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Canadian Initiative for Distance Education Research - CIDER

Canadian Initiative for Distance Education Research - CIDER

Owner: Terry Anderson

Group members: 45

Description:


OPEN CALL: If you have research that may be of interest to our CIDER audience and would like to join our growing list of CIDER Session presenters, please contact the Sessions host at dwilton@athabascau.ca. Download our full call.


The Canadian Initiative for Distance Education Research (CIDER) is a research initiative of the International Review of Research in Open and Distributed Learning (IRRODL) and Centre for Distance Education (CDE), Canada's largest graduate and professional distance education programming provider, at Athabasca University, Canada's Open University.

CIDER sponsors a variety of professional development activities designed to increase the quantity and quality of distance education research. CIDER's professional development scope is broad, ranging from learning and teaching application, issues of finance and access, the strategic use of technology in distance education settings, and other factors that influence distance education in Canada.

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CIDER receives support from Athabasca University and UNESCO.

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OPEN CALL: Presenters

MOOCs (Massive Open Online Courses) have changed the way in which OER (Open Educational Resources) are bundled by teachers and consumed by learners. MOOCs represent an evolution towards the production and offering of structured quality OER. Many institutions that were initially reluctant to providing OER have, however, joined the MOOC wave. Nevertheless, MOOCs detractors strongly criticize their high dropout rates. The dropout rate is a commonly accepted metric of success for traditional education, but it may not be as suitable when dealing with OER, in general, and with MOOCs, in particular, since learners’ motivations to take a course are very diverse, and certain self-regulated learning strategies are required to tackle the lack of personalized tutoring and keep pace in the course. This paper presents an empirical study on the motivation and learning strategies of MOOC learners. Six thousand three hundred and thirty-five learners from 160 countries answered a self-report 7-point Likert-type questionnaire based on the Motivated Strategies for Learning Questionnaire (MSLQ) as part of a MOOC titled Introduction to Programming with Java. Results indicate that learners were highly motivated and confident to do well in the course. Learning strategies, however, can be improved, especially regarding time management.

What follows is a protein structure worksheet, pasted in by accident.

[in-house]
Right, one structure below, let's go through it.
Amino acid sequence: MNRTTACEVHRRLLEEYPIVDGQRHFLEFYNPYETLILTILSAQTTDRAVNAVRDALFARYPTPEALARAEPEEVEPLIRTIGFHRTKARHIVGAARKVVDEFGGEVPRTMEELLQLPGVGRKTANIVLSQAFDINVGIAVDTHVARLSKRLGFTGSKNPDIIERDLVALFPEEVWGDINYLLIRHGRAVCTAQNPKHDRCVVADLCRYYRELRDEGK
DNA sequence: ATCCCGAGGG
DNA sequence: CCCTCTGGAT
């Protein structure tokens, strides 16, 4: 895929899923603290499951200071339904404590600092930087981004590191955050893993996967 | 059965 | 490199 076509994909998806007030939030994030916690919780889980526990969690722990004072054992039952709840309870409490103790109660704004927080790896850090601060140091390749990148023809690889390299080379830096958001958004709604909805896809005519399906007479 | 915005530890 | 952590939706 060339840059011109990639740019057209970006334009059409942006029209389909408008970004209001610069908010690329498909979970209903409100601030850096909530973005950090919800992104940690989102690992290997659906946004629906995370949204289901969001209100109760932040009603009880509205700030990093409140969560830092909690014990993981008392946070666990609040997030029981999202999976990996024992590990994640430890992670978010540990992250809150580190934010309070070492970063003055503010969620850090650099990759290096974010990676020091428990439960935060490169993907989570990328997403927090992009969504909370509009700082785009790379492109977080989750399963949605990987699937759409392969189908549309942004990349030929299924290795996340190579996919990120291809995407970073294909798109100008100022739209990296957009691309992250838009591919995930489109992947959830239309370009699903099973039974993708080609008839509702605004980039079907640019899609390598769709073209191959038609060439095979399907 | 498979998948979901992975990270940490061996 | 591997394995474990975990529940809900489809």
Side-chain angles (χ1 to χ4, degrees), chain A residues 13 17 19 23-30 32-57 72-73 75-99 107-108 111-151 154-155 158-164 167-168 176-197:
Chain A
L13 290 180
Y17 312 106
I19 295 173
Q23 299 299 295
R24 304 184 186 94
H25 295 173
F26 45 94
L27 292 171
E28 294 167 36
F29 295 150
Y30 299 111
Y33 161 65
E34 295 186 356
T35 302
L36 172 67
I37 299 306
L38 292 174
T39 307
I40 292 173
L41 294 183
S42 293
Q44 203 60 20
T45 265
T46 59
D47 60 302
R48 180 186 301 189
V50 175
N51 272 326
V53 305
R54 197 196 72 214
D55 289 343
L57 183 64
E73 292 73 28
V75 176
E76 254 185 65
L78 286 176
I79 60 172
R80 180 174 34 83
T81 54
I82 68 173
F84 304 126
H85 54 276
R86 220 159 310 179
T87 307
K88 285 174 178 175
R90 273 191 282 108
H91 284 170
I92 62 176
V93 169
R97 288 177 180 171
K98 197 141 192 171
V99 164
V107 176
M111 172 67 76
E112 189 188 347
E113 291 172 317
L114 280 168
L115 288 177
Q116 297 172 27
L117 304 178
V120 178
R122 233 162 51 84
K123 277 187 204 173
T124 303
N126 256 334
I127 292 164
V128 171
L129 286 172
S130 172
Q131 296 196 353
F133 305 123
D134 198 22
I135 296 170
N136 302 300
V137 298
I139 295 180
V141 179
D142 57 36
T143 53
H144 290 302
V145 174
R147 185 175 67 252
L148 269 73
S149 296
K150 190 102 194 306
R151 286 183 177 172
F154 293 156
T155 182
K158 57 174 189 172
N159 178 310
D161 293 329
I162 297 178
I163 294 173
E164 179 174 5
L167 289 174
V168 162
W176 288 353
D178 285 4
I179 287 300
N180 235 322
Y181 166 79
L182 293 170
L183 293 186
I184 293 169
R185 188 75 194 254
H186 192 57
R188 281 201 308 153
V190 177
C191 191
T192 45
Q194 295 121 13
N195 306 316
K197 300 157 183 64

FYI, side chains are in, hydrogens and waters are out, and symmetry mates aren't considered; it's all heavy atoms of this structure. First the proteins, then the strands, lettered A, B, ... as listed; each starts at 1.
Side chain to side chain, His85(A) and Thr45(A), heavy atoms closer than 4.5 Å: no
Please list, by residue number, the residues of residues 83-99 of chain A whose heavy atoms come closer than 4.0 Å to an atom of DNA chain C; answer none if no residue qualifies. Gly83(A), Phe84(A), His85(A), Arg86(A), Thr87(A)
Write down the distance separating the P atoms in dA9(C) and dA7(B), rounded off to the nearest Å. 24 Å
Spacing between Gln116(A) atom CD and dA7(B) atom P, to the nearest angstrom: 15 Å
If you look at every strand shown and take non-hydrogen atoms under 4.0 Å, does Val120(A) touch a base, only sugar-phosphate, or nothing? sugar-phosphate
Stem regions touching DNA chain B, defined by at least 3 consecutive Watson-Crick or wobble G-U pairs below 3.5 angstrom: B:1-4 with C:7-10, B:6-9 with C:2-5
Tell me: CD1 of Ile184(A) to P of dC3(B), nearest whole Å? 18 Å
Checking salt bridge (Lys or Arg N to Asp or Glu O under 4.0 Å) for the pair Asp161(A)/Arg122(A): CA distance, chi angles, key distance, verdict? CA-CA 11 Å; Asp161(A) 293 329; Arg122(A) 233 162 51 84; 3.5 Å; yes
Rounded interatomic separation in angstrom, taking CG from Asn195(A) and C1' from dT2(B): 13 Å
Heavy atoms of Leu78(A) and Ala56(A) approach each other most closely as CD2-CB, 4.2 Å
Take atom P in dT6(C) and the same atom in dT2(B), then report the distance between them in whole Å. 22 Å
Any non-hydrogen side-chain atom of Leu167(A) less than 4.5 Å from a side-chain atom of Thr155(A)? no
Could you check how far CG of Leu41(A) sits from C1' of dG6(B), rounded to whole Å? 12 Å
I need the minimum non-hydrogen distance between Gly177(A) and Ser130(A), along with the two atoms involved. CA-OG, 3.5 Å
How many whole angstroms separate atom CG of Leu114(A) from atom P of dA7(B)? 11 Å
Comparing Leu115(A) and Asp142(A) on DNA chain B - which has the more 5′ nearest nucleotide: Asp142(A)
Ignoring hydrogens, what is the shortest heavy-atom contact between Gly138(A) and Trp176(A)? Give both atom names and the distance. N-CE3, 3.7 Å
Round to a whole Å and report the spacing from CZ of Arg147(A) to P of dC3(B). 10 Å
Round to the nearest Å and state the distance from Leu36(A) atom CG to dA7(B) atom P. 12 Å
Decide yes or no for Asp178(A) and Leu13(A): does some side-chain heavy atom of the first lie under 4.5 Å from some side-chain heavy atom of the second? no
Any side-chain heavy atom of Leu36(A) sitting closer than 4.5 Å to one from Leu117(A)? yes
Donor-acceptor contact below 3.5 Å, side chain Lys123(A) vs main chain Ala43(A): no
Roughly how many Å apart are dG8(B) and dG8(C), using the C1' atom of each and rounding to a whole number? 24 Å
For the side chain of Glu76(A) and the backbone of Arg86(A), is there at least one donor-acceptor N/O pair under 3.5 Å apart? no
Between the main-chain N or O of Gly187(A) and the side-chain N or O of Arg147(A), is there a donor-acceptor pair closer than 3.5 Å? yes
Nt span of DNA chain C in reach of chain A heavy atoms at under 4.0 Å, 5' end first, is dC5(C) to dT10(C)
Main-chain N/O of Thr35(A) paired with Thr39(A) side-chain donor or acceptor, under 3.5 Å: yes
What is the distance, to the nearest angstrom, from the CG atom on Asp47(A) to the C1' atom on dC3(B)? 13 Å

Fri, 12 May 2017

Since it was first introduced in 2008, Massive Open Online Courses (MOOCs) have been attracting a lot of interest. Since then, MOOCs have emerged as powerful platforms for teaching and learning academic writing. However, there has been no detailed investigation of academic writing MOOCs. As a result, much uncertainty still exists about the differences of writing MOOCs compared with traditional types of writing instruction in the classroom. Drawing on historical emphases in writing instruction, five approaches are illustrated: skills, creative writing, process, social practice, and a socio-cultural perspective. This study uses data from six academic writing MOOCs to examine what approaches are revealed within their writing instructions. Focusing on a group of six academic writing MOOCs at college level, attributes and features of writing MOOCs were explored by analyzing syllabi, video lectures, and assignments. Overall, the study found that these academic writing MOOCs stick to a traditional model of teaching writing, “writing as skills.” These findings suggest that instructors who teach academic writing through online platforms showed that their immediate concerns were not a social practice or socio-cultural context. Rather, teaching and learning of grammatical accuracy and surface features of texts at college level appear to be best purpose of academic writing MOOCs.